The NHS cannot cope with its current budget, health leaders have said as they called on the Prime Minister to avoid a “have our cake and eat it” approach to NHS funding.
NHS Providers called for more investment in the health service which is facing a “perfect storm” as it goes into winter.
The NHS faces multiple challenges alongside traditional winter pressures including the threat of a second spike of Covid-19, recovering services which were disrupted during the pandemic, staff in danger of burnout and additional pressures for infection control, NHS Providers said.
Even before the pandemic struck earlier this year “growing demand for treatment has consistently outstripped capacity”, according to NHS Providers chief executive Chris Hopson.
“Despite the best efforts of frontline staff treating more patients than ever before, many patients have not received the care they need and that NHS staff wanted to provide,” he added.
NHS Providers, which represents NHS trusts, called for the Government to examine funding for the NHS.
Mr Hopson told the NHS Providers’ first online conference that the health service faces a “similar fate” to social care – which is “in crisis” because it has not been funded properly and sustainably.
The NHS faces a similar fate if it is not properly funded, he added.
“We elect our politicians to tackle the difficult issues. For two decades they have failed us deeply, consistently and unacceptably by promising to sort the crisis in social care and then failing to do so,” he said.
“Having driven social care into crisis by failing to fund it properly and sustainably, we must avoid driving the NHS into a similar fate. And we obviously need to rescue social care from its current state of crisis.”
Mr Hopson added: “Before Covid-19 arrived, the NHS was in danger of heading for the slippery slope of unsustainability down which social care has tumbled with ever-increasing speed.”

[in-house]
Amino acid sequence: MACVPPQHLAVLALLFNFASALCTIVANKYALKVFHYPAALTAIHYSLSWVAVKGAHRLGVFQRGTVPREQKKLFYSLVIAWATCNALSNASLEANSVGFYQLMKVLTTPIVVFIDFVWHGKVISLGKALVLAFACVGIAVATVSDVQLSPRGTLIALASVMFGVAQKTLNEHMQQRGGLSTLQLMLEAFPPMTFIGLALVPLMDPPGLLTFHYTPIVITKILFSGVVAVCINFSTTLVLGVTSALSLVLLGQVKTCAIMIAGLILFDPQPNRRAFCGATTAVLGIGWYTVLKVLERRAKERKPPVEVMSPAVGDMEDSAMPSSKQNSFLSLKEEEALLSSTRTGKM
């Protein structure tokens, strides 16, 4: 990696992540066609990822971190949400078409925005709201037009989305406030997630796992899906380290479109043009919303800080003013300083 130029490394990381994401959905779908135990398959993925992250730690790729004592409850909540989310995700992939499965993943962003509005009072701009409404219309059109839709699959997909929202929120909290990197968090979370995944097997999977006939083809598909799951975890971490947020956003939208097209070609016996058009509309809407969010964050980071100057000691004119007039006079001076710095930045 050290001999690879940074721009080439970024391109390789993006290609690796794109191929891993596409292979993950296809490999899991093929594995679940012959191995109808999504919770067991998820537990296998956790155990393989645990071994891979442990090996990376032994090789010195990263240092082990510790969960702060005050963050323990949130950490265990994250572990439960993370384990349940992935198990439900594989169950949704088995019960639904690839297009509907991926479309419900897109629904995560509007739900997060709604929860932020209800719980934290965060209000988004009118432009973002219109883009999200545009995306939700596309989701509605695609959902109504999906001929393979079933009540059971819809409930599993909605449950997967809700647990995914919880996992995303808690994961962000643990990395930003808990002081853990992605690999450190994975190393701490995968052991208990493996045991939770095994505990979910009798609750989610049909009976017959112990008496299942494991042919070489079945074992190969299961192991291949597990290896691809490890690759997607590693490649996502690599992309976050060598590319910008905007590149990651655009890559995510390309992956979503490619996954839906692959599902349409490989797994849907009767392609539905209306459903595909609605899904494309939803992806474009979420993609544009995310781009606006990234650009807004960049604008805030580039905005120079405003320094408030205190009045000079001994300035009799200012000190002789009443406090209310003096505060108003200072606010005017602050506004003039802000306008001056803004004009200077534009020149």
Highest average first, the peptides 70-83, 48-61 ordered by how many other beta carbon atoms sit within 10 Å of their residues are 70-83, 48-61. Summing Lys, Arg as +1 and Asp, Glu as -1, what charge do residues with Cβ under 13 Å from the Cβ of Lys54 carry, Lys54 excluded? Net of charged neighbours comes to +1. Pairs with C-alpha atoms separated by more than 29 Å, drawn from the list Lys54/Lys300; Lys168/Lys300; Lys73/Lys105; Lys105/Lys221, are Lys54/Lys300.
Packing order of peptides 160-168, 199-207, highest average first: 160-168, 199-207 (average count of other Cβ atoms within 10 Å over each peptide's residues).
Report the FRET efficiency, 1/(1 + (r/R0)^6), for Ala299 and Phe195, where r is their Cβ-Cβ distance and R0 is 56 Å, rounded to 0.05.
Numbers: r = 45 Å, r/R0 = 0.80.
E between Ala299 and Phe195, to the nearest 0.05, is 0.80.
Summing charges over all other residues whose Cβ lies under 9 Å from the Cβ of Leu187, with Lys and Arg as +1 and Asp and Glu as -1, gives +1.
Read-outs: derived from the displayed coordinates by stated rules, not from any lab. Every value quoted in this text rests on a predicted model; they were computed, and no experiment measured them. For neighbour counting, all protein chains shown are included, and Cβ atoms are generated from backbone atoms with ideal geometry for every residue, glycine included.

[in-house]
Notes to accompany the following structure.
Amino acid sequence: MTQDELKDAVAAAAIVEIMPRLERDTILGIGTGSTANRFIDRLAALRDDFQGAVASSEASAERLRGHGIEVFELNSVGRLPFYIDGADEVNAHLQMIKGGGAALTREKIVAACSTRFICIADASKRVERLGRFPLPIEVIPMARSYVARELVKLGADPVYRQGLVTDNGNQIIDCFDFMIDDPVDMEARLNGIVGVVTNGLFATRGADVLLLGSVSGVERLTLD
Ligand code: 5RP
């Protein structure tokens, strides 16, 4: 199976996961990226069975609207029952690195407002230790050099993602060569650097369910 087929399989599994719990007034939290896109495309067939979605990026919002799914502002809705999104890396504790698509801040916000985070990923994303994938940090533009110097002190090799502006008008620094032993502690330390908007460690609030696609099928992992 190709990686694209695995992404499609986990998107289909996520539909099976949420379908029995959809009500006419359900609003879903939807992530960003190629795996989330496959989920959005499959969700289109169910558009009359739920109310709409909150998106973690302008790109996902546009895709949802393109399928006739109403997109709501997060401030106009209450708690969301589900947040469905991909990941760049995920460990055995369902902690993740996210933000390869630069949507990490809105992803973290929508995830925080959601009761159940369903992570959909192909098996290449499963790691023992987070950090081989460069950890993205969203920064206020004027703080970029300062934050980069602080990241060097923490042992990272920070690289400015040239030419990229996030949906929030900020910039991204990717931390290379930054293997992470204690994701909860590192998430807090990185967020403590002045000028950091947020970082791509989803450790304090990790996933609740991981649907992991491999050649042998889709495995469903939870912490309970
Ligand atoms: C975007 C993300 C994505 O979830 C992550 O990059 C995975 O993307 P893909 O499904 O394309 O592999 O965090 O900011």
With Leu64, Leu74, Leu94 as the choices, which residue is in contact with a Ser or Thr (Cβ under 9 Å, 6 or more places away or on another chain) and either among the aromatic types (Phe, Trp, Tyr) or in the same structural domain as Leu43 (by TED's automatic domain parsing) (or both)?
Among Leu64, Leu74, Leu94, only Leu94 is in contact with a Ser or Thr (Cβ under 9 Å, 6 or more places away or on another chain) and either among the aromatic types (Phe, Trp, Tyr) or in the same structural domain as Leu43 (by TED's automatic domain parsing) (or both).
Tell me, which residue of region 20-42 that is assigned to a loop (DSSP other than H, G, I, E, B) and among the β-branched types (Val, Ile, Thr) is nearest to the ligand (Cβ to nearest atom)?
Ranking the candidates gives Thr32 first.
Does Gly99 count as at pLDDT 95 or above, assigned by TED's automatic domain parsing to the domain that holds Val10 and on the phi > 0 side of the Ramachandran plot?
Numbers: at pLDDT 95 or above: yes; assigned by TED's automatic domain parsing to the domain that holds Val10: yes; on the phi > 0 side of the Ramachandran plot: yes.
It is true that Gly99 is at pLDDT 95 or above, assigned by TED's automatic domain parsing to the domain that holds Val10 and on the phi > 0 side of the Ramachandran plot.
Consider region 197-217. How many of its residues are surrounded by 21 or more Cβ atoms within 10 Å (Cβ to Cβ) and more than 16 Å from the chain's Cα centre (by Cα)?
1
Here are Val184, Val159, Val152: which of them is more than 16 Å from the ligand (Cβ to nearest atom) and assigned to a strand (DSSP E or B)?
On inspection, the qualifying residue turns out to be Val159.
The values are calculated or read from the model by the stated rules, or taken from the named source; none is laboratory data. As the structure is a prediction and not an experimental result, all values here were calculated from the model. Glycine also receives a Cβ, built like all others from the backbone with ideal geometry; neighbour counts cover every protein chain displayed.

As well as more funds for the core NHS budget, the body called for more spending on buildings, equipment and staff training.
Mr Hopson added: “It is impossible to see how the NHS can deliver the Long Term Plan, meet the manifesto commitments and cover the costs of Covid-19 on the current NHS funding settlement.
“All three elements of NHS funding – the capital budget; the non-ringfenced wider departmental budget that includes NHS education and training spending; and the core NHS England revenue budget; all need revisiting.
“I recognise the pressures on public expenditure. But we have to avoid what the Prime Minister calls his “have our cake and it” approach and pretend the NHS can cope with all these pressures on its current budget. It can’t.”
On the funding boost announced around the NHS’s 70th birthday, he said: “Compared to what had gone before, and to other public services, that was a generous settlement.
“But we all argued at the time that it barely kept up with demand. It didn’t allow the NHS to recover performance. And it certainly didn’t pay for the transformation that was needed.”
@ChrisCEOHopson@NHSProviders#nhsp20 What do trusts need to navigate the choppy waters ahead: 1 – effective testing regime 2 – PPE security of supply 3 – extra finance support4 – realism on what can be achieved 5 – be able to get on with it6 – tough lockdown where needed
— Saffron Cordery (@Saffron_Policy) October 6, 2020
On Covid-19, Mr Hopson continued: “In a worst-case scenario, we face a perfect storm of a full second Covid-19 surge alongside normal winter pressures at the same time as going full pelt to recover services and process care backlogs.
“At a time when, on the other side of the coin, staff are really tired and in danger of burning out.
“And some trusts are losing up to 30% of capacity due to the need to keep patients safe by separating Covid and non-Covid patients.”
To help trusts navigate the “choppy waters ahead”, he called on the Government to ensure that there is a “robust and effective testing regime” and “appropriately tough” local lockdowns.
But he stressed that the NHS is still treating non-Covid patients, warning that patients believing the service is working as a “Covid-only” service was “dangerous”.